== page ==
Friday, February 22, 2008


Well, a proposal has been placed before the floor of parliament to disband the Scorpions (similar to FBI). They are a strange group because though they are not allowed to gather intelligence. That brings up your next interesting question: how can you carry out investigative duties without gathering intelligence? Good question. Mbeki avoided all talk of the Scorpions in his State of the Nation address (started with Madiba), but people are bringing up the things he didn’t address.

Mbeki’s stance is that with all our problems (HIV/AIDS, all crime, power, etc.), we are not to change directions. We have always been on the right course and we should “stay the course.” The challenge is in the implementation of our directed plan, not in the plan itself. Others disagree and want government officials to pay or “experience” responsibility for power failures or for the crime which should be lower than it is now. Others want the Scorpions disbanded as they don’t work in their current state.

One member of parliament is trying to instate a school oath. Kids have weighed in on it, but in the overall scheme of things, it’s not the most pressing thing facing the country. It is interesting though because it reminds me that Texas instituted a Texas pledge some years ago (maybe 2003). And so I was in the university when it was instated, and I never had to say it. But it brings up an interesting observation. What is discussed on the state level in the states is discussed at the “federal” level in other countries. In fact, I was at a talk recently in which a presenter used the words state and an American interpreted that to mean an organization like Nevada or New Hampshire. I thought it meant country because I’m more oriented to understanding that meaning.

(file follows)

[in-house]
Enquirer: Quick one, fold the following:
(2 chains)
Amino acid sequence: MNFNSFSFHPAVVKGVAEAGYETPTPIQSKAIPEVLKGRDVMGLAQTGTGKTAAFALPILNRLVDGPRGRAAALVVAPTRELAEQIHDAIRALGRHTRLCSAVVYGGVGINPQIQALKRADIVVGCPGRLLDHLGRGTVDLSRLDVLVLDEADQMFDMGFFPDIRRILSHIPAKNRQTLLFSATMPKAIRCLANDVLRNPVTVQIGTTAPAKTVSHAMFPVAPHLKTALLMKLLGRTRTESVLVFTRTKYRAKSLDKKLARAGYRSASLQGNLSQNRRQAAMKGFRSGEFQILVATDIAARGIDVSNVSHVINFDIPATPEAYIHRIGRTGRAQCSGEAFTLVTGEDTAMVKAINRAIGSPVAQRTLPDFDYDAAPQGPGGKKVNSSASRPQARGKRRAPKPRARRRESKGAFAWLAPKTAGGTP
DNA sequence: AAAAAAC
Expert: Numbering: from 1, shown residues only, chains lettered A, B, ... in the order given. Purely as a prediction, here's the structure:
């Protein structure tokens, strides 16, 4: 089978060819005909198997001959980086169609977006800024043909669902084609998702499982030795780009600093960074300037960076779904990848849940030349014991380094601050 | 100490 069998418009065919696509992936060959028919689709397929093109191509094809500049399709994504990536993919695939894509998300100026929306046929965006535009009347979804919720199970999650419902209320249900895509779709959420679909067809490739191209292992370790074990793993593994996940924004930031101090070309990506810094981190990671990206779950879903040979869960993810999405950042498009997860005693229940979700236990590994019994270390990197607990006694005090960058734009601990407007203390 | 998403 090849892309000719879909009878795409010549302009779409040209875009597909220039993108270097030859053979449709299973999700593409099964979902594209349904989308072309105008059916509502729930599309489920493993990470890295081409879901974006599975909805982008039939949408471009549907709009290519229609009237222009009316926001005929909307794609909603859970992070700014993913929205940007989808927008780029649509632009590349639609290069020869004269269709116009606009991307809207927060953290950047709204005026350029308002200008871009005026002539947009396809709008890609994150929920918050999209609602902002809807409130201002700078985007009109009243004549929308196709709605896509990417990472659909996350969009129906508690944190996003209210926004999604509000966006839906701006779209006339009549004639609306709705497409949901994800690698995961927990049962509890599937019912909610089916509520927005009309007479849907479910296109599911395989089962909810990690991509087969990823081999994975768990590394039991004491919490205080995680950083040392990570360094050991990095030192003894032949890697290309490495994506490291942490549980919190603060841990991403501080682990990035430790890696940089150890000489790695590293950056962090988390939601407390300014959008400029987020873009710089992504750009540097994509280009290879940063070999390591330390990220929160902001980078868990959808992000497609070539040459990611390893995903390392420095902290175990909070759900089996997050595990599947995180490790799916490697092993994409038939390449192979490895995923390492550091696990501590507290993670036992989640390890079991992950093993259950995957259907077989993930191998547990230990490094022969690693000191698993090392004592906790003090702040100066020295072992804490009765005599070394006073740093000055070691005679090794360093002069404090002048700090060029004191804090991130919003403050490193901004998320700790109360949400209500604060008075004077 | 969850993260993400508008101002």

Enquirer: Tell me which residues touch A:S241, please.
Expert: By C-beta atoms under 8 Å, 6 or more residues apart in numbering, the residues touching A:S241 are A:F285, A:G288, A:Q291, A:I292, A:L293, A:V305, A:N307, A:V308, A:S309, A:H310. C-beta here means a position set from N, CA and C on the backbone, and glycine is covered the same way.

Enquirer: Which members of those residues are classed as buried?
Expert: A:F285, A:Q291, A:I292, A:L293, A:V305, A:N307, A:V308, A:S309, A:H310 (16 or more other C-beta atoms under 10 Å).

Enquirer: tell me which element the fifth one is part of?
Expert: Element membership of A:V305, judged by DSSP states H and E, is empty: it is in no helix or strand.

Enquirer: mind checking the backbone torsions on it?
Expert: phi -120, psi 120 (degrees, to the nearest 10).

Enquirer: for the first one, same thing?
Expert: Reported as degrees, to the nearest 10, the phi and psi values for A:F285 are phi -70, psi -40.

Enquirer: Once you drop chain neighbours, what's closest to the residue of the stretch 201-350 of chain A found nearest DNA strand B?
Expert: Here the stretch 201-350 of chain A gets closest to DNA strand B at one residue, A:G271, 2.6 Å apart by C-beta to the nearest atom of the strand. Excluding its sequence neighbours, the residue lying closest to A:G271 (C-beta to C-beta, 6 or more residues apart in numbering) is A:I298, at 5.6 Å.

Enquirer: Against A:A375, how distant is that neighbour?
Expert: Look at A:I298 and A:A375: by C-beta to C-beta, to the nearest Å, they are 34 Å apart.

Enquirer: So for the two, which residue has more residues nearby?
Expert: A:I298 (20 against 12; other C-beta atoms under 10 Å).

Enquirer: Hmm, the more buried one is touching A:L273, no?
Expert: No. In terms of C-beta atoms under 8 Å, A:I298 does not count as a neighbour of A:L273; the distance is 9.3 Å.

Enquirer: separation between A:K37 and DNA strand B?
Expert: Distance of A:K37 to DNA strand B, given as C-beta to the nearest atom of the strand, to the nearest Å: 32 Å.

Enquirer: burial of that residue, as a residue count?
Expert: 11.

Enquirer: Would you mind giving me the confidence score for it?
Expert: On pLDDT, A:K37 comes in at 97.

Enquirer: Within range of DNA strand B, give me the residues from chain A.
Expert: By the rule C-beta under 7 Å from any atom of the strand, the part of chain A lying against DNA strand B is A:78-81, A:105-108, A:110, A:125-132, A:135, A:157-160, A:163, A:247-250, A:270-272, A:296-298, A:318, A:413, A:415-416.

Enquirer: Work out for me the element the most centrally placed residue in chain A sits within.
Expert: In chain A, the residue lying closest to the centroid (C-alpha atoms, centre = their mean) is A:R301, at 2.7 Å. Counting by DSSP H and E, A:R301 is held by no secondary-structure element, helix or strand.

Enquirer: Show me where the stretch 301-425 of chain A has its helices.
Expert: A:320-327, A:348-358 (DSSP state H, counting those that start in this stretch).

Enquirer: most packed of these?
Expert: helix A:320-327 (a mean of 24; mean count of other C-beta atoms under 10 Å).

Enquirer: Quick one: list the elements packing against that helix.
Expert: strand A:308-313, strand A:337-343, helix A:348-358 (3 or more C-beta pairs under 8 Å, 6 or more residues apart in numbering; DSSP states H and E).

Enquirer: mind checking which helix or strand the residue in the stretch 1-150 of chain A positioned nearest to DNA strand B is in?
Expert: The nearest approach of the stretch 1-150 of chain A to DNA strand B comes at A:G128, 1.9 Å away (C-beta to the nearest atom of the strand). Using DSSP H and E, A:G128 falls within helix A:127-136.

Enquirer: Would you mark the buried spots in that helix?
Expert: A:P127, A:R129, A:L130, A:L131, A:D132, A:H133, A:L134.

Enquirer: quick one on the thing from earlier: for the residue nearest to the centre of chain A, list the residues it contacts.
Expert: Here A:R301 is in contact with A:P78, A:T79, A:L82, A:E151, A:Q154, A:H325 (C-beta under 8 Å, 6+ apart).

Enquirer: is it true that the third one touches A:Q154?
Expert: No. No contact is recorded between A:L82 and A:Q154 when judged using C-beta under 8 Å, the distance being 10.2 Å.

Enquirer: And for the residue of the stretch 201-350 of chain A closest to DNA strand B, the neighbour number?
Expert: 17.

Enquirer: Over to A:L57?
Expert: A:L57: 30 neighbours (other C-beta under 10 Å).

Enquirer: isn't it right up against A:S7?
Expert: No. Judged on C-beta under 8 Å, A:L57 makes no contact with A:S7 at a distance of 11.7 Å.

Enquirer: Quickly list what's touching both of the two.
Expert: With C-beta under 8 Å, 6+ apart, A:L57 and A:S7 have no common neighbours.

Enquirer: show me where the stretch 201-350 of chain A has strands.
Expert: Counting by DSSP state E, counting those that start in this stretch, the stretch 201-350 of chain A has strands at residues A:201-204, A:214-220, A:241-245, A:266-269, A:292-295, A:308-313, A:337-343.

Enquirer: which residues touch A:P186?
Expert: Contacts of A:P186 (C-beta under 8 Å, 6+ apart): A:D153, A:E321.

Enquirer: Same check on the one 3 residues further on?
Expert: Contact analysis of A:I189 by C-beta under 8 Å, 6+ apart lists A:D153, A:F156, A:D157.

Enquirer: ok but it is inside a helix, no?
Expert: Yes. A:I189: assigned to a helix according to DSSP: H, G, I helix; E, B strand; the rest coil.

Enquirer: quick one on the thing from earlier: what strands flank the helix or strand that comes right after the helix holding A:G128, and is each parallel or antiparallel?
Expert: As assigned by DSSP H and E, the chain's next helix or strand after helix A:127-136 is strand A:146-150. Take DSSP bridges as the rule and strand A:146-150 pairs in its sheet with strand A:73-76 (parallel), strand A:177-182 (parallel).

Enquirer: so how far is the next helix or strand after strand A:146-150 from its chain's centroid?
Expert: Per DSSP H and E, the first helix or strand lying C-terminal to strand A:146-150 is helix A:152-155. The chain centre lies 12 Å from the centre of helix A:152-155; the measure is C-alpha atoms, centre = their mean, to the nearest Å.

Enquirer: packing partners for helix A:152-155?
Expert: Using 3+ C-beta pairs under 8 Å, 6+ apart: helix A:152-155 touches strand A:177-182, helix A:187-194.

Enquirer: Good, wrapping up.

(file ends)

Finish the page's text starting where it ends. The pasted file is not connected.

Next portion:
So it just reminds me how the definition of state is not really taught well or reinforced in schools. A state in its original meaning is actually a country (I’ve said this before, so bear with me). The US rightly appropriated the word in order to say that we are 50 united countries in one federation. But this concept (that we are 50 countries together) is not hammered home in schools. So we lose this meaning and the power of the statement this makes. This message is not lost on other countries. They understand that in the US very little (historically) was left to the federal government and each state makes up SO MUCH of its own rules (like a country). And so you have myths that abound over here. A South African once told me he thinks its weird how you can commit a crime in California, but then if you escape to Oregon, the police can’t get you. Of course there are problems with his understanding (actually depends on type/nature of transgression), but you can see his perspective on the US. Many people have told me how people in Washington D.C. are not allowed to vote. Though it’s true of Puerto Rico, this also isn’t true.

It is an amazing thought—50 states (seminal meaning, denotative) combined to work as one with inter-autonomy. Interesting. It’s not really like there anywhere else. Some come close, yes. And some even use the word “state” for their province or territory.

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